The UK is making the fight against dementia global by hosting the first G8 summit dedicated to seeking an ambitious level of international coordination and an effective response to tackling the condition.
Prime Minister David Cameron and Health Secretary Jeremy Hunt will use the UK’s 2013 presidency of the G8 to lead coordinated global action against what is fast becoming one of the greatest pressures on families, carers and health systems around the world.
In the UK alone, there are likely to be nearly a million people with the condition by the end of 2020. The government has already begun a national programme of action through the Prime Minister’s Challenge on Dementia, launched in 2011.
Now the UK is looking to spark a world-wide effort by inviting health ministers from G8 countries to a high-level summit in London on 11 December to discuss how they can coordinate efforts and shape an effective international solution to dementia. This includes looking for effective therapies and responses to slow dementia’s impact.
The summit will aim to identify and agree a new international approach to dementia research, to help break down barriers within and between companies, researchers and clinicians and secure a new level of cooperation needed to reach shared goals faster than nations acting alone.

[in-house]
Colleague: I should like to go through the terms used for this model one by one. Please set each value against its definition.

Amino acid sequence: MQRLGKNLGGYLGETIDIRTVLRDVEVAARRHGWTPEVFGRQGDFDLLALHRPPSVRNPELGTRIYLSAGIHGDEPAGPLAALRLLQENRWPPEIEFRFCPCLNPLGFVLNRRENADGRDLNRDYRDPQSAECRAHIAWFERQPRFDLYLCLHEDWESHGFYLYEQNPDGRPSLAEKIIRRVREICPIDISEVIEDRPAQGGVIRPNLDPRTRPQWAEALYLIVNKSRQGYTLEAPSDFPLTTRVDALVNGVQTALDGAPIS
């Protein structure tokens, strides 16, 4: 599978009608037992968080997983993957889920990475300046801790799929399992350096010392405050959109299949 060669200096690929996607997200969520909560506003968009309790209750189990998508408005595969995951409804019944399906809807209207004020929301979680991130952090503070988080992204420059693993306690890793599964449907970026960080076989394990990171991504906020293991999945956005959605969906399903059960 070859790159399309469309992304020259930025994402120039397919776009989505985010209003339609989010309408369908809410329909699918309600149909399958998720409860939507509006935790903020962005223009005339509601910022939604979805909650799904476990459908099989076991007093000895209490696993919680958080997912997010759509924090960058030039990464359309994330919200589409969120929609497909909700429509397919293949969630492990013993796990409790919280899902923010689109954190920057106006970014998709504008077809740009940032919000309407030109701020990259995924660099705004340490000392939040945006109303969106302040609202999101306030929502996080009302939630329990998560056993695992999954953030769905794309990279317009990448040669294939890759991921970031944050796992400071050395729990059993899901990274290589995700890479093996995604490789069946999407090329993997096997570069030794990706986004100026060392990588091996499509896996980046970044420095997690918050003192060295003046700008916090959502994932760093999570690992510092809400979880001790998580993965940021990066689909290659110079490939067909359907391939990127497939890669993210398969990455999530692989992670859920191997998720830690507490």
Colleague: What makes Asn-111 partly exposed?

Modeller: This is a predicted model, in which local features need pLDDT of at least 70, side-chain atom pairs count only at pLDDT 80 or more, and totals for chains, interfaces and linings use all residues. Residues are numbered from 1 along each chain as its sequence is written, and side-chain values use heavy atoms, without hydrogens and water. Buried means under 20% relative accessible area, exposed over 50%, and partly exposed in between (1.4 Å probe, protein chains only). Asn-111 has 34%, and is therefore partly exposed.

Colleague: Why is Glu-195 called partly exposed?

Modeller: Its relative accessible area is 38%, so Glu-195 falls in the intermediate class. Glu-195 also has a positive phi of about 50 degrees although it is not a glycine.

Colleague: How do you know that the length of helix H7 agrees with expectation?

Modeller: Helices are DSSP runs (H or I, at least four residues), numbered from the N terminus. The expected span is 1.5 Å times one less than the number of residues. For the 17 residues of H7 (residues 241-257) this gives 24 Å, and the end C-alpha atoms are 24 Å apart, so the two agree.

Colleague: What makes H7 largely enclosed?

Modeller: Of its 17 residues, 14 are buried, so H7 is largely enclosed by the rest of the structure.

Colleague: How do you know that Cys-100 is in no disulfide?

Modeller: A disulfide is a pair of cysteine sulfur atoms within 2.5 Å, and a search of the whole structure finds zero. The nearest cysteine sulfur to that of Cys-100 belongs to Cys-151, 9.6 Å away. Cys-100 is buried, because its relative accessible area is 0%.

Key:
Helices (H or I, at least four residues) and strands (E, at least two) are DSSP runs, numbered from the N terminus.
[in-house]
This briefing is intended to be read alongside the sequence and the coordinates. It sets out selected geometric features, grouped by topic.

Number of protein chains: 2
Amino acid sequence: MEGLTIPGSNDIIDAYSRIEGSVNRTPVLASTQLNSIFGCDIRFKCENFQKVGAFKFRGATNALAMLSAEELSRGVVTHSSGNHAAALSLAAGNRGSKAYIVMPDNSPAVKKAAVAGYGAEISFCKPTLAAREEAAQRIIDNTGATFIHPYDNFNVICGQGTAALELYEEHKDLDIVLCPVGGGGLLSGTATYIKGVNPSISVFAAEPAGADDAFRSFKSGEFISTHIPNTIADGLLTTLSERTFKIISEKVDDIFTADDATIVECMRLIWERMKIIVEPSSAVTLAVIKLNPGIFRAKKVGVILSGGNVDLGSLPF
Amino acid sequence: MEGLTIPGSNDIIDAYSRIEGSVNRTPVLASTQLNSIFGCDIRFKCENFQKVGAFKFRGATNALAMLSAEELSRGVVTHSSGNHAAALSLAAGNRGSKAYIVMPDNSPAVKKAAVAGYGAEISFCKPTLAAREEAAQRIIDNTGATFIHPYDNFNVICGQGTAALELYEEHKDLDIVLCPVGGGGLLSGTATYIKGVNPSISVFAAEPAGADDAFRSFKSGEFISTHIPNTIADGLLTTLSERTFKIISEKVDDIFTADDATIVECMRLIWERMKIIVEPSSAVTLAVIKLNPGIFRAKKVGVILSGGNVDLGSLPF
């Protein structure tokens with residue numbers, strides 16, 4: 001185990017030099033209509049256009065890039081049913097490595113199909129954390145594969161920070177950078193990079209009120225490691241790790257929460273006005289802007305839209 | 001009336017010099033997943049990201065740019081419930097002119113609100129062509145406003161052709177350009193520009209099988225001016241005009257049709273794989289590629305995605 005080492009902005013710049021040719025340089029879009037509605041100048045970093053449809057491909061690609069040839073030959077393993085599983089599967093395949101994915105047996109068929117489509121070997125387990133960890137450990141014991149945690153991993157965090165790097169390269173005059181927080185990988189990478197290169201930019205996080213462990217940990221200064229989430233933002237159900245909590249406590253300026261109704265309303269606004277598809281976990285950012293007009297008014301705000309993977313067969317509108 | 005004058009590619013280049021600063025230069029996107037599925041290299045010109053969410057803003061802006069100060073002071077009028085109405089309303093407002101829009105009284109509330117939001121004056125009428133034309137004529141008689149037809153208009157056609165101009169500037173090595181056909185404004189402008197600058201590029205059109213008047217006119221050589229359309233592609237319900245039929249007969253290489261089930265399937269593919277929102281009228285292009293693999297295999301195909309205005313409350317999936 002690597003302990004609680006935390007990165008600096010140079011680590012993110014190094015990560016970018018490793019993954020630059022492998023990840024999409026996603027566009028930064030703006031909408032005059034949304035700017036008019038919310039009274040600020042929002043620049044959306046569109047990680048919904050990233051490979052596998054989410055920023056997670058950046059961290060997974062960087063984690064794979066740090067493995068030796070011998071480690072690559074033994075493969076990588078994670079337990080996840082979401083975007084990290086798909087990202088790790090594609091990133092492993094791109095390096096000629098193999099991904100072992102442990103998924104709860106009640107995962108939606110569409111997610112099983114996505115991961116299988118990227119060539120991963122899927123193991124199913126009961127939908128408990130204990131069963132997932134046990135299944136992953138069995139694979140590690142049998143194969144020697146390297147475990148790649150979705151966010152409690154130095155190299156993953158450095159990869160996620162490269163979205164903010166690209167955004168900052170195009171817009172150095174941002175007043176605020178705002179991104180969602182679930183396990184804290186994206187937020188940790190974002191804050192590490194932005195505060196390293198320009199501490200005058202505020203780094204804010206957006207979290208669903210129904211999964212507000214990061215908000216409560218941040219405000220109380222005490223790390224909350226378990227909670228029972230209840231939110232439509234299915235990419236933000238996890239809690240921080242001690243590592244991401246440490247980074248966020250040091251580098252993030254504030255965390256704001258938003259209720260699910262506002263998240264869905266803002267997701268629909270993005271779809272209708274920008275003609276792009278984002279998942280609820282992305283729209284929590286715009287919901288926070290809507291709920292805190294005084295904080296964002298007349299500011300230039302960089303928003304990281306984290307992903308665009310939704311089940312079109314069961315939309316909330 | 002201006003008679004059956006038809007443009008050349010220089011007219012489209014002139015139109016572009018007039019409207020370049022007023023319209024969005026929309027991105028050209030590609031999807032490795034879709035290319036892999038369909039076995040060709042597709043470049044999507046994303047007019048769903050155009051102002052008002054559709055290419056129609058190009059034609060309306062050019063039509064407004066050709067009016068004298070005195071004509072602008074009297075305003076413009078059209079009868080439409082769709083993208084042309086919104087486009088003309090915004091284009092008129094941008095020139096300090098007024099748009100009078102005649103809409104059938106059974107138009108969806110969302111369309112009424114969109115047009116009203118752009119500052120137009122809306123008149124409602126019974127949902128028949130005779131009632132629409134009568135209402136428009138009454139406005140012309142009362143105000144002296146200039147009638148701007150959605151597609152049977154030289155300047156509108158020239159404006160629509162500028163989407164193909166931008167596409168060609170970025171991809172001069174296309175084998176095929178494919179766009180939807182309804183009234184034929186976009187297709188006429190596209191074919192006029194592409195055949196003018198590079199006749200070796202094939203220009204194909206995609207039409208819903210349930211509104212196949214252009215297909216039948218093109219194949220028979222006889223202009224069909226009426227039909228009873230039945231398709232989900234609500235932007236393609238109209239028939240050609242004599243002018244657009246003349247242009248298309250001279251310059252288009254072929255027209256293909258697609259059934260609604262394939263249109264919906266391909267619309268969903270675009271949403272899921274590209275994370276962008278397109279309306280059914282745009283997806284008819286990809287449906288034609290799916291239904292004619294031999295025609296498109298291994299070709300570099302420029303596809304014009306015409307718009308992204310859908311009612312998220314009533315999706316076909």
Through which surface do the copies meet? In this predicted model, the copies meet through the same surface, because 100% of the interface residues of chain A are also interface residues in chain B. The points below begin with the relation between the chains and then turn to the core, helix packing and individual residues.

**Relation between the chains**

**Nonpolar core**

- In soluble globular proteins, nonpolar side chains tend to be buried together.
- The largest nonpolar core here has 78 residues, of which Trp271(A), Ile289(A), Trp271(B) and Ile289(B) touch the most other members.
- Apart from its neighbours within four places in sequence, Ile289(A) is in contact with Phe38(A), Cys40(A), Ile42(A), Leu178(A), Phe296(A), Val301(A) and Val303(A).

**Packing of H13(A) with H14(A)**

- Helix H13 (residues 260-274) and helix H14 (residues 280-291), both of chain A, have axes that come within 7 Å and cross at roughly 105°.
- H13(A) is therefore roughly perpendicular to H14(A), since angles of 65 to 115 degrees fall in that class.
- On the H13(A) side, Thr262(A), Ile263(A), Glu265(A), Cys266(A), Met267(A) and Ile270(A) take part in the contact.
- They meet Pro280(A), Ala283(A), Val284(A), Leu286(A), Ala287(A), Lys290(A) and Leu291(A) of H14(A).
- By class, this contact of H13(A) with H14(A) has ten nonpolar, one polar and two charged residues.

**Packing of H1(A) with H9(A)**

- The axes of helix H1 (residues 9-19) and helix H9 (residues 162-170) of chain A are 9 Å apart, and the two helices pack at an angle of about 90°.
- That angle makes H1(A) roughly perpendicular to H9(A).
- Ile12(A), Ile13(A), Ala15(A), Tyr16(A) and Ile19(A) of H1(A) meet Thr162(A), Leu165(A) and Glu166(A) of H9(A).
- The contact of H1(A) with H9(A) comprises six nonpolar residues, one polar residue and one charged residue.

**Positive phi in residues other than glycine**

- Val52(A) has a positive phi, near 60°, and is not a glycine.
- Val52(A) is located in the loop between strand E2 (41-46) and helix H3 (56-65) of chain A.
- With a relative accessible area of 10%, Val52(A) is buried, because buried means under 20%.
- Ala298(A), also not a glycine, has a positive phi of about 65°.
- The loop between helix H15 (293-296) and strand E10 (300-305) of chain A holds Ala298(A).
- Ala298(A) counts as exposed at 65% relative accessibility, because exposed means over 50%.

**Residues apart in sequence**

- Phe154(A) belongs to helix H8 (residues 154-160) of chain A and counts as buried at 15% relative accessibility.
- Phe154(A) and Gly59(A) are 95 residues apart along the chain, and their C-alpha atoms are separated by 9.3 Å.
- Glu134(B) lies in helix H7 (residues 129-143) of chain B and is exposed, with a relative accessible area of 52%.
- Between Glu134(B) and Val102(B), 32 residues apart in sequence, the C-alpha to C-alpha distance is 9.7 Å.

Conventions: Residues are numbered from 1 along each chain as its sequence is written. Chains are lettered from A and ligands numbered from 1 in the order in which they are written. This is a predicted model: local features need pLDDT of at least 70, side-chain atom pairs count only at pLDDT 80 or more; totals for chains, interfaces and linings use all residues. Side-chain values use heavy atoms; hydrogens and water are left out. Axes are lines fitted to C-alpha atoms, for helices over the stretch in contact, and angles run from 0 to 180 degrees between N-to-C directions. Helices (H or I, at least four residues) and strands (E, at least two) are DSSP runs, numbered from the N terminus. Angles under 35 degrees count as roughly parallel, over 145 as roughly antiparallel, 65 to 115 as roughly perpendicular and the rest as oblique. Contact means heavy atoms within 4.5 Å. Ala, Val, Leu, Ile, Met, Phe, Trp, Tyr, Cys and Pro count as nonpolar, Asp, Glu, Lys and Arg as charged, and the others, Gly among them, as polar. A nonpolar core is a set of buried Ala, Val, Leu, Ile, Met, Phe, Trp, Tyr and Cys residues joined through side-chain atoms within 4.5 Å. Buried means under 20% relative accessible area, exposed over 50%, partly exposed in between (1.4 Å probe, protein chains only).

They will draw on the expertise and experience of the OECD, World Health Organisation, industry, national research organisations, key opinion leaders, researchers and physicians.
Dementia research workshop
The British Embassy Tokyo hosted a dementia research workshop on 3 October 2013. In order to involve stakeholders who share a commitment to tackling the challenges of dementia in the process of developing the themes for discussion at the summit, British Embassies in all G8 countries organised workshops and the outputs from the workshops were fed back to the UK along with the results of activity in each G8 nation. The workshop facilitated productive discussions between workshop attendees from academia, industry, government, social care and patient group.
Scale of the problem
Current estimates indicate 35.6 million people worldwide are living with dementia but with the world’s populations ageing, the World Health Organisation estimates that number will nearly double every 20 years, to an estimated 65.7 million in 2030, and 115.4 million in 2050.
Much of the increase will be in developing countries. Already 58 per cent of people with dementia live in developing countries, but by 2050 this will rise to 71 per cent. The fastest growth in the elderly population is taking place in India, and their south Asian and western Pacific neighbours. In China, the burden of dementia seems to be increasing faster than is generally assumed by the international health community.
If dementia care were a country, it would be the world’s 18th largest economy, ranking between Turkey and Indonesia.
If it were a company, it would be the world’s largest by annual revenue exceeding Wal-Mart (US$414 billion) and Exxon Mobil (US$311 billion).
The total estimated worldwide costs of dementia were US$604 billion in 2010. About 70 per cent of the costs occur in Western Europe and North America.